On the road to fully automated driving, however, the driver's role change and the resulting new needs and requirements are some of the biggest challenges for human-machine interaction. While the driver was previously exclusively involved in the driving task, he now becomes a critical user and cockpit supervisor, who also wants to be entertained. For such entertainment offers, large displays are suitable.
For role change, however, the driver must always know how the vehicle is operating, what it is reacting to, and what driving mode it is currently in. The most important keywords in the development of elements for the human-machine interface are therefore trust, transparency, and mode awareness.
The technical components of interaction concepts for automated driving must not only be dynamically and multi-modally linked but must also be intuitive to operate and consider the current driver status at all times. For example, the driver may need more time and assistance in re-accepting the driving task if he has been busy elsewhere after a longer automated driving phase.
We deal with the topic of entertainment with solutions such as the Cockpit HPC, which adapts to the respective situation and, depending on the driving mode, makes the cockpit either an information centre or a rolling living room with large displays, thus ensuring a positive user experience.
In general, the Cockpit HPC bundles all cockpit functions into one powerful high-performance computer and, with this, creates innovations across domains. It enables content visualisation and interaction independently from screen boundaries, providing the next level UX for the cockpit of the future.
What are some of the trends one should watch out for with respect to in-vehicle displays?
As we move towards more autonomous and connected driving, classic 2D displays have limited design possibilities and possible use cases, whereas 3D displays enable a completely new world of experience in the vehicle. They bring the third dimension in unique quality to the cockpit of future vehicles.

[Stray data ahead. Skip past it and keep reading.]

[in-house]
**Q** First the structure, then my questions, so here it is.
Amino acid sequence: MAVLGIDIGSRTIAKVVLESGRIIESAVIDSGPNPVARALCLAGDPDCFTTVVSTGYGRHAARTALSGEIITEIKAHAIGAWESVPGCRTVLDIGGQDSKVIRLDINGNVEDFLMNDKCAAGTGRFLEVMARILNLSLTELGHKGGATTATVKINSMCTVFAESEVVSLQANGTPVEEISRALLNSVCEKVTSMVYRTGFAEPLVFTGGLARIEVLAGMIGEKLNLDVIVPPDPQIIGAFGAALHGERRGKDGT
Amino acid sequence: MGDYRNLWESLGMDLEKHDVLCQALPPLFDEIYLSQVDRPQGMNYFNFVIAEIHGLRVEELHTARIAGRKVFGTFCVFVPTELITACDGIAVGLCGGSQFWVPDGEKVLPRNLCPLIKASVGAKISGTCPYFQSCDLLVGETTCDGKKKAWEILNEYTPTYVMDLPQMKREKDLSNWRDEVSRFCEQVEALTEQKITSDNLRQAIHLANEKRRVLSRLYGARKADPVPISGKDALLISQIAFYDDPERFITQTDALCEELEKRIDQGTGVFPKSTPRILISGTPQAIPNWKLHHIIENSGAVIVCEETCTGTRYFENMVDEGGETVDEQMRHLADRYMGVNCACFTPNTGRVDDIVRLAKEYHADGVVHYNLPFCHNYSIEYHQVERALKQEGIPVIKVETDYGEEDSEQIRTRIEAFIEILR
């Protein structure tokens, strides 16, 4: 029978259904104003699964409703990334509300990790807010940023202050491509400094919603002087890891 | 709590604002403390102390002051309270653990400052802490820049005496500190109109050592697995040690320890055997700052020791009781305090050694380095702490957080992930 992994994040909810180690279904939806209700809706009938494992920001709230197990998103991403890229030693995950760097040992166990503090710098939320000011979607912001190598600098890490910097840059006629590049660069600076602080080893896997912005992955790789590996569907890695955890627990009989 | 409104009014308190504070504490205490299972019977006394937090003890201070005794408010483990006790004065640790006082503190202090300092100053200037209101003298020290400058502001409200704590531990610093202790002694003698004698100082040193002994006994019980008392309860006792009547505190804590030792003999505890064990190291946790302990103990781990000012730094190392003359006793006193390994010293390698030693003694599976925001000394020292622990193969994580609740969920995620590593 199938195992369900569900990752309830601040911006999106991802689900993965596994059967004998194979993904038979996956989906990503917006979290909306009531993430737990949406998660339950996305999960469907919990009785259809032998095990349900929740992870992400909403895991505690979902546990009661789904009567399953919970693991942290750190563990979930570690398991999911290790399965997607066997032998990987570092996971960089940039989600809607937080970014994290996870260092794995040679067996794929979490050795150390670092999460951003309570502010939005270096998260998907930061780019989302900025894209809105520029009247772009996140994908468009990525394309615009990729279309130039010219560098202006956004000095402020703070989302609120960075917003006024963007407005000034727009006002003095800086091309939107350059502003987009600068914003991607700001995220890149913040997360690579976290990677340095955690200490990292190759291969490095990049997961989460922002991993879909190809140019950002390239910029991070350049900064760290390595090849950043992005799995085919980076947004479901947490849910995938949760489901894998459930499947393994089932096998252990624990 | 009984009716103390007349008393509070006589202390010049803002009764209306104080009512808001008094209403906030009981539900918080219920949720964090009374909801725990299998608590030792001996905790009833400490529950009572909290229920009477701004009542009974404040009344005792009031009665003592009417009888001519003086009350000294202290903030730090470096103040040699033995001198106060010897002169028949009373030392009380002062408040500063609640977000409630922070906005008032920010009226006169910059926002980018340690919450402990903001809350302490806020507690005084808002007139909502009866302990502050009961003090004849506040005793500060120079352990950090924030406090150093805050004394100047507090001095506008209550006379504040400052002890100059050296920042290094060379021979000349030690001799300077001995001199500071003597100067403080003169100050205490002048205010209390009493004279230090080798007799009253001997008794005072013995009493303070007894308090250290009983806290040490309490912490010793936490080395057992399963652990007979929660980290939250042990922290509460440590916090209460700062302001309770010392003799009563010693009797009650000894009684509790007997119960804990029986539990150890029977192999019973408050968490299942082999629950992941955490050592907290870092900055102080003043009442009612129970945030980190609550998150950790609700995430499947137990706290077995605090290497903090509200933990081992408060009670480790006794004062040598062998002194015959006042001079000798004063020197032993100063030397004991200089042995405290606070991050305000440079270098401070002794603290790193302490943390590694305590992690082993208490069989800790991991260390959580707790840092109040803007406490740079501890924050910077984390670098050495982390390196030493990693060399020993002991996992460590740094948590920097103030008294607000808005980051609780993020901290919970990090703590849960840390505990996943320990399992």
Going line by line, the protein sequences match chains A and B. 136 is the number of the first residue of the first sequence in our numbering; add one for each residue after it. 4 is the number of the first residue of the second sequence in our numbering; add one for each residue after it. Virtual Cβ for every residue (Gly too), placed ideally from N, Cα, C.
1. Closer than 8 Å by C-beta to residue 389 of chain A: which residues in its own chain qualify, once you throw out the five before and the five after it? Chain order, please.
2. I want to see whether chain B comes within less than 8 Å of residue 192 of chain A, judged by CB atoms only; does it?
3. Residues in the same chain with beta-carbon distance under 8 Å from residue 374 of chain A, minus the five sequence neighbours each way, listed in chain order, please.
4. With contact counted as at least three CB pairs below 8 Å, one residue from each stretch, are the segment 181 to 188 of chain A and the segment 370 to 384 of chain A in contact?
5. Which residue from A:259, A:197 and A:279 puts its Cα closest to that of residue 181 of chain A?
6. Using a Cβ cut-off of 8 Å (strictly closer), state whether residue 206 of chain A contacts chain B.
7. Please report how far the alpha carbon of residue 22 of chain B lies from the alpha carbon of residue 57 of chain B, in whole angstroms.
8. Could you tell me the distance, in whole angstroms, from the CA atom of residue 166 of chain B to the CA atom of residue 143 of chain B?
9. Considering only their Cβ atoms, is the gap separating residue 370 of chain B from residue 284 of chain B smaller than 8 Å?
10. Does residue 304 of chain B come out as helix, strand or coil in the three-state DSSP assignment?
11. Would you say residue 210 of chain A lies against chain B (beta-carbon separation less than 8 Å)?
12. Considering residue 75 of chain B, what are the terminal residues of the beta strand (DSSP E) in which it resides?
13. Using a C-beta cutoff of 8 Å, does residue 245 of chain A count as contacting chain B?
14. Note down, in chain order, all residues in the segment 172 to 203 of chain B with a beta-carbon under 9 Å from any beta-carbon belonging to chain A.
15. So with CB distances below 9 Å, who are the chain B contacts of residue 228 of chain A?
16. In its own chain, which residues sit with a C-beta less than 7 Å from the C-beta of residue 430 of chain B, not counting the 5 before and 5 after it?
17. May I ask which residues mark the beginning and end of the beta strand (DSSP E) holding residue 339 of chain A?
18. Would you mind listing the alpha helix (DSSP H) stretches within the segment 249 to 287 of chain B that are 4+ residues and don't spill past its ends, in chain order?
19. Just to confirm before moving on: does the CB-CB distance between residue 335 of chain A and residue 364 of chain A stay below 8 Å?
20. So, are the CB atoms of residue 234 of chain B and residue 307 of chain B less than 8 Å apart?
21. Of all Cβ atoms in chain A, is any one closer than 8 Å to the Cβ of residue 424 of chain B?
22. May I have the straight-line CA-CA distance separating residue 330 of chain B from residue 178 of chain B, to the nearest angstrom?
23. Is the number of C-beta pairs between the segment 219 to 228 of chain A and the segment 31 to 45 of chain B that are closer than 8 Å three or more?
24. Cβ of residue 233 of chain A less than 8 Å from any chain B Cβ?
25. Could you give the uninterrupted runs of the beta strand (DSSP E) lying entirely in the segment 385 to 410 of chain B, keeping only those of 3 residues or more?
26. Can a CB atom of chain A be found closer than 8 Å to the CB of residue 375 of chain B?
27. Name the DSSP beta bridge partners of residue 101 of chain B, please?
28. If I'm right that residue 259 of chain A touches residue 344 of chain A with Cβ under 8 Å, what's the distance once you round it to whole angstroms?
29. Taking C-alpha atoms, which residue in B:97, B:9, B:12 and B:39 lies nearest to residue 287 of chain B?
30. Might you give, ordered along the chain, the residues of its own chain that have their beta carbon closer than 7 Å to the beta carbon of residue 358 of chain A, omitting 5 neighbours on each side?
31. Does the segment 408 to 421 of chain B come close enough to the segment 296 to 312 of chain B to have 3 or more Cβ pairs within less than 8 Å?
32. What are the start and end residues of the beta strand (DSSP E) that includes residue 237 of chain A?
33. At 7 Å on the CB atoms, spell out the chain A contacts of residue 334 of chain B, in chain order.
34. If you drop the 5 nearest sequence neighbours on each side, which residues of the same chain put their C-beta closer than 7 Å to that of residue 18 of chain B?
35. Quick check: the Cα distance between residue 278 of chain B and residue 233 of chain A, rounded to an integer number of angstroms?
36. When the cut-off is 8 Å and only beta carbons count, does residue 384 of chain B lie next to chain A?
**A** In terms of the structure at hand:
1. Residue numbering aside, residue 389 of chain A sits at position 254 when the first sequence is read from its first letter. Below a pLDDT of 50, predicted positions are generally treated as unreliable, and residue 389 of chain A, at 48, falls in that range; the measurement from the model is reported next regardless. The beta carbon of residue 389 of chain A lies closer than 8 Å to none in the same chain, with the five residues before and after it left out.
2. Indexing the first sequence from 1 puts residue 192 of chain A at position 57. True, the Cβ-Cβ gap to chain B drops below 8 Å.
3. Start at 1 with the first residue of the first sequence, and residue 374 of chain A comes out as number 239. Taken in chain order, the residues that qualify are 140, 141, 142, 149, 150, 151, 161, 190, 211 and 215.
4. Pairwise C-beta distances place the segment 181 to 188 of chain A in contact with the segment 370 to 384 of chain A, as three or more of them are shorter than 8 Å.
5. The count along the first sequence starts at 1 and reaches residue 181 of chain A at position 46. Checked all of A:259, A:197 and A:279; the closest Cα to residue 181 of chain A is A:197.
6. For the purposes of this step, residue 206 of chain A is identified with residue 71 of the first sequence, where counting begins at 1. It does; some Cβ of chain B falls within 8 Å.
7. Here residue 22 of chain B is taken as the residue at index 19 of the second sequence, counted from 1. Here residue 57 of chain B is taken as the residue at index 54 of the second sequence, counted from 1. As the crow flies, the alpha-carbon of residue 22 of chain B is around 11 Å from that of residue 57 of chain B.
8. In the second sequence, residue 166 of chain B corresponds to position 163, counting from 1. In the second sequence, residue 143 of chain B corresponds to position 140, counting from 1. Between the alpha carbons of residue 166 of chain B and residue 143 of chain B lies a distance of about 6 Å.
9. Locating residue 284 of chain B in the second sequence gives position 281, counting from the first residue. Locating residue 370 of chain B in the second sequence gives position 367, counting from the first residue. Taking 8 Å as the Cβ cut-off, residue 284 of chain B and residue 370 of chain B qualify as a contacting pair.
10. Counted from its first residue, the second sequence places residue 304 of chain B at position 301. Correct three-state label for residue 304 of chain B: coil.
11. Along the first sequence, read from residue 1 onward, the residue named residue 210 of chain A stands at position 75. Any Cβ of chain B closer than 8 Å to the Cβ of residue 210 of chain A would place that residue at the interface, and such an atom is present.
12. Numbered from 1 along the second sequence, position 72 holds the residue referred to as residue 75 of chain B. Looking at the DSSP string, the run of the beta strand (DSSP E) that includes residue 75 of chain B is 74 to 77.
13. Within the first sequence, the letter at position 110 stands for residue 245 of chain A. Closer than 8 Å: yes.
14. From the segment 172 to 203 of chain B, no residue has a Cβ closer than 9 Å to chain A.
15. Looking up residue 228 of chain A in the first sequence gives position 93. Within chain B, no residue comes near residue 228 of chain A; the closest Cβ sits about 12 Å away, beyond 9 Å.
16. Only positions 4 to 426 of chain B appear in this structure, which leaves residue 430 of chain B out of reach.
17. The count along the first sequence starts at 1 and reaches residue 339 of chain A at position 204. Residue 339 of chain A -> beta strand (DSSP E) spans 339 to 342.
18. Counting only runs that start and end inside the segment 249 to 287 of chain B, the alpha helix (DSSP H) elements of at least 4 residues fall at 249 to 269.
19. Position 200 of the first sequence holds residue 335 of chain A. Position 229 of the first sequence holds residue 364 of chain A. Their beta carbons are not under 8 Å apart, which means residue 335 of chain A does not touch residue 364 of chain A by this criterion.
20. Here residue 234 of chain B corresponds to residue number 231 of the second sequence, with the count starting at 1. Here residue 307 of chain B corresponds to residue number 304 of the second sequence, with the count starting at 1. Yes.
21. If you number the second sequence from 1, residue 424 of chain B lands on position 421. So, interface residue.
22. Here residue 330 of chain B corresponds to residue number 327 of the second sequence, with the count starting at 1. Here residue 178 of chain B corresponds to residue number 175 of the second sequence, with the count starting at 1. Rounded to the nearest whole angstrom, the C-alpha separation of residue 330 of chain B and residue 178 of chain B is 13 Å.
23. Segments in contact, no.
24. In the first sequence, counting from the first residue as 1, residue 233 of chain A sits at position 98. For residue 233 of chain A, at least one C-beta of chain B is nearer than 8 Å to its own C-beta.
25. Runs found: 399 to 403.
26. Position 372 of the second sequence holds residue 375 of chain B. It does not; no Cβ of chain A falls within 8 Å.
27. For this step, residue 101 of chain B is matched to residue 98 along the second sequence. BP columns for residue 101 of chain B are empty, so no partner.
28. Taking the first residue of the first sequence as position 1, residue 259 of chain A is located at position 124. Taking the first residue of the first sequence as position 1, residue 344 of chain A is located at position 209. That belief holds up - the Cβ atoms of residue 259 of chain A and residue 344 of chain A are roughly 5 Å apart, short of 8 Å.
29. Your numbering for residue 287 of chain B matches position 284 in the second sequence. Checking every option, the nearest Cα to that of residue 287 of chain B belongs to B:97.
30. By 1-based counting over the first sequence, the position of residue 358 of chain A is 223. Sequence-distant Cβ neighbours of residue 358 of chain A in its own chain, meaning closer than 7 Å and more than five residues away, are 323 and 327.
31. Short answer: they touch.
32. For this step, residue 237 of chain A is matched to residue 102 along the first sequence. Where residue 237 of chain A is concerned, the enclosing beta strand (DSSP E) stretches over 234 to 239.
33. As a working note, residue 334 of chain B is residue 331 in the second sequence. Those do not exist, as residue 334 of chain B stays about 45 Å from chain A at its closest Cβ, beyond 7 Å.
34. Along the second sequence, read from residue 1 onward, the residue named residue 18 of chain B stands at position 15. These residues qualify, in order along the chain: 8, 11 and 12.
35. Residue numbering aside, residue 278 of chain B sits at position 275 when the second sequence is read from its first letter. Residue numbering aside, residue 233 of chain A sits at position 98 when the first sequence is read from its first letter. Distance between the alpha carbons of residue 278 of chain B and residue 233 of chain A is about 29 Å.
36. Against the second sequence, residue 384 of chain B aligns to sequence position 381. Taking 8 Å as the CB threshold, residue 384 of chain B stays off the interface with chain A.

Drivers can capture information more intuitively and in real-time, and user-vehicle interaction becomes more convenient and easier. Accordingly, in the next few years, we should see a more significant trend towards 3D displays, eventually moving towards curved screens. Curved displays are more ergonomic and allow for a better HMI experience.
Also, in the future, the development will move towards augmented content and therefore to AR Head-Up Displays. Here, projected content and the real driving scene are becoming one, so that in the future the navigation arrows will appear to be on the street. This enables the large-area projection of relevant content in the driver's field of vision, making driving even safer and more intuitive.
Last but not least, vehicle architectures are changing to allow for better integrations in HMI functions. This means a shift in architecture, moving away from numerous individual control units to few high-performance computers that also help to reduce cost and complexity for vehicle manufacturers over the entire vehicle lifecycle.
In particular, the Cockpit HPC drives multiple displays in the vehicle for drivers and passengers and with this, integrates all cockpit domains like clusters, infotainment, and camera into one powerful high-performance computer. It is the centrepiece of user experience in the vehicle. The user will be able to distribute content across multiple displays. For example, using gesture control, the driver can drag navigation content from the central display onto the driver display and arrange various elements in the display areas they like, providing a customised user experience.